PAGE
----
Those of us who have spent any time working and playing in and around the city of Chester know all about Race Days. And we know that, as each Race Day wears on, it becomes more advisable to get away from work as soon as possible, not to stop at any pubs en route to the station, and get the first train home.
This is because racegoers habitually, despite their smart dress, spend the afternoon at the bar – any bar – where they first become Elephant’s Trunk and Mozart, before working themselves into an advanced state of alcoholic derangement. Many merely stagger back up City Road to the station, where those heading for Merseyside face the footbridge challenge, a serious task for the terminally wasted.More seriously, others come away from the Roodee in fighting mood, and in anticipation of things kicking off in the City Centre, pubs and bars routinely deploy bouncers on the door, and the Police enjoy plenty of overtime. It’s a game played out around racecourses all over the country, so no-one should be surprised.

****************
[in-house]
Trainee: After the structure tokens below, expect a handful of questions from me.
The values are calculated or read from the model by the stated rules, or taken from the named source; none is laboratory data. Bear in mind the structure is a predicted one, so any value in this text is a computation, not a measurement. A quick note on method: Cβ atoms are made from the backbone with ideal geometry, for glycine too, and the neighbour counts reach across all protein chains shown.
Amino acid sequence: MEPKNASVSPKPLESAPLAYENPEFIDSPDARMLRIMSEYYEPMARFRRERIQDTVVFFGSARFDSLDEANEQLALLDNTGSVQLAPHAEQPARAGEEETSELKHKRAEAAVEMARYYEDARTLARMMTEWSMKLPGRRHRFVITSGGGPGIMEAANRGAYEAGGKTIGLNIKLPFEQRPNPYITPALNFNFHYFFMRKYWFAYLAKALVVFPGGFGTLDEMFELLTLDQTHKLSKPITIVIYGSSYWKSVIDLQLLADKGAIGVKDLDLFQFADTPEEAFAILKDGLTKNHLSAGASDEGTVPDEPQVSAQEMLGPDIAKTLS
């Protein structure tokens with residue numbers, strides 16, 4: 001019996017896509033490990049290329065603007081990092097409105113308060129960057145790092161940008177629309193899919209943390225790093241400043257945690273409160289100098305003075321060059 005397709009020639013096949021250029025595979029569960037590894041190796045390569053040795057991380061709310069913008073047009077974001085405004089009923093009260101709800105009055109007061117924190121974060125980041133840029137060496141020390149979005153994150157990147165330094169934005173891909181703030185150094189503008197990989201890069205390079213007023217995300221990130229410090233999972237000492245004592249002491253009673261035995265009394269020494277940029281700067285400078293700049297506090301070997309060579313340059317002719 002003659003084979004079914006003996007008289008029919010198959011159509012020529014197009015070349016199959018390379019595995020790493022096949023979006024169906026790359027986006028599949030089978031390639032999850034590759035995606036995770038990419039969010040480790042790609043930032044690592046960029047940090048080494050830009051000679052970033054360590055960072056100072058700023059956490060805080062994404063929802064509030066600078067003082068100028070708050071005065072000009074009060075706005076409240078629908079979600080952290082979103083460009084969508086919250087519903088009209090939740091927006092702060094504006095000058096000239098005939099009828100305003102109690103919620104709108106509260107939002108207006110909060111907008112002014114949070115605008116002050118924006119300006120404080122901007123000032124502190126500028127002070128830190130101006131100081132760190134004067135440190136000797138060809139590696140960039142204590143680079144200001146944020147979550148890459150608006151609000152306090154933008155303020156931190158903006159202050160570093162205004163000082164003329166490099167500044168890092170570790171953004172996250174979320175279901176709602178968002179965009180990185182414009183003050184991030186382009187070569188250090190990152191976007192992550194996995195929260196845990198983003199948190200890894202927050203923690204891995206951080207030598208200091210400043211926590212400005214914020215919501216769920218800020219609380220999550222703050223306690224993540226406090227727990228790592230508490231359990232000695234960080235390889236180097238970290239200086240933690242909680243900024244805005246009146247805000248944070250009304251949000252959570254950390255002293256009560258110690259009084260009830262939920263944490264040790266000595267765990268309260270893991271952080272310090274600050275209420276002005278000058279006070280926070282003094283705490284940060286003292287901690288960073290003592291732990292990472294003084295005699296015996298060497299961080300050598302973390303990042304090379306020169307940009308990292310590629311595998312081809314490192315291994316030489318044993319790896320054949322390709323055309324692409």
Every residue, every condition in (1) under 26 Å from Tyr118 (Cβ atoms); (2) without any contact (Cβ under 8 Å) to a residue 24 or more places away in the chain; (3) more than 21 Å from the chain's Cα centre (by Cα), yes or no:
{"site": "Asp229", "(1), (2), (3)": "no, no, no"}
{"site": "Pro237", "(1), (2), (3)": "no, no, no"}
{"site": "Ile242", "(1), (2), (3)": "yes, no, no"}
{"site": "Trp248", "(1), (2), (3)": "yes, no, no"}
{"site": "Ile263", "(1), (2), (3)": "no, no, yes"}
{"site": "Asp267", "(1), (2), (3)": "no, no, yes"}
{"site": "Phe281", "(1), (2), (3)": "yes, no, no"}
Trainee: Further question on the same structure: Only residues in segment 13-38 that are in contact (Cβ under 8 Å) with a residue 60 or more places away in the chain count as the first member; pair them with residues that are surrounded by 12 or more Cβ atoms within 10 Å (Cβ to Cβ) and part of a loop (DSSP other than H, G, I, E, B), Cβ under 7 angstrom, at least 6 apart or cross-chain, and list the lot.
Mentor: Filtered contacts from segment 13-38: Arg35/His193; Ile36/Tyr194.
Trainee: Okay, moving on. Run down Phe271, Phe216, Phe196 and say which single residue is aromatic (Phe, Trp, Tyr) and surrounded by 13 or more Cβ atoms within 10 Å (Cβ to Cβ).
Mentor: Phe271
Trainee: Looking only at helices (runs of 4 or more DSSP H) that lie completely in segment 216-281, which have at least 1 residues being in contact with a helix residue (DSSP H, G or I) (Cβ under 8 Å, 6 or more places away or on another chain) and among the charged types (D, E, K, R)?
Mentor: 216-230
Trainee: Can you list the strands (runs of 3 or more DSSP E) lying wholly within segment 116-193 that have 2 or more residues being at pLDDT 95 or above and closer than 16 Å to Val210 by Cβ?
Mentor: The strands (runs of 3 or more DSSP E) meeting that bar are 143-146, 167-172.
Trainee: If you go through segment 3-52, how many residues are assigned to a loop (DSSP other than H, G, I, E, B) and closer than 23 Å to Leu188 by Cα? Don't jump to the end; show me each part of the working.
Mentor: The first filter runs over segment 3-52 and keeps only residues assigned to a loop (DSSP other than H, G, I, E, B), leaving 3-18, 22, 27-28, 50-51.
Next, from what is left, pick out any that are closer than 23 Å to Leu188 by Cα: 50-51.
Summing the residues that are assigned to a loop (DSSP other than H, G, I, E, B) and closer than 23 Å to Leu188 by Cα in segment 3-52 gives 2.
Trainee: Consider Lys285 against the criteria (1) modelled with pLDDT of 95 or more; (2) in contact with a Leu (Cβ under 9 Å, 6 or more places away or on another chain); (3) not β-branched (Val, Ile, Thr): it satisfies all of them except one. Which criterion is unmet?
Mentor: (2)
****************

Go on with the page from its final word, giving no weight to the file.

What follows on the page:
But the obedient hackery of the legendarily foul mouthed Paul Dacre at the Daily Mail are indeed surprised, nay, shocked at the conduct of some attending yesterday’s races at Royal Ascot. There are drunken brawls! And celebrity escorts! Then there are men and women with tattoos! Oh, the shock of it ... “less distinguished breed of racegoer” ... “fights breaking out” ... “sea of flesh” ... “unsightly tattoos” ... “cheap, tawdry dresses”.
This classic among Mail why-oh-why-fests contains some superbly sniffy lines: “becoming as bawdy as ... Aintree and Cheltenham”, “In a blatant disregard for Ascot’s strict behavioural code, a drunken brawl broke out by a Victorian band stand”, and “a fight on a lawn by a champagne bar just yards from the Royal Mile”. Er, hello, Mail hacks? Where have you been for the past half century?Race Day, whether it’s at York, Chester or, yes, Ascot, is an excuse for ordinary people to dress up, have a flutter, eat, drink, and be merry, with the option of a good scrap either on the course or on the way home. Appallingly bad behaviour is de rigueur for some.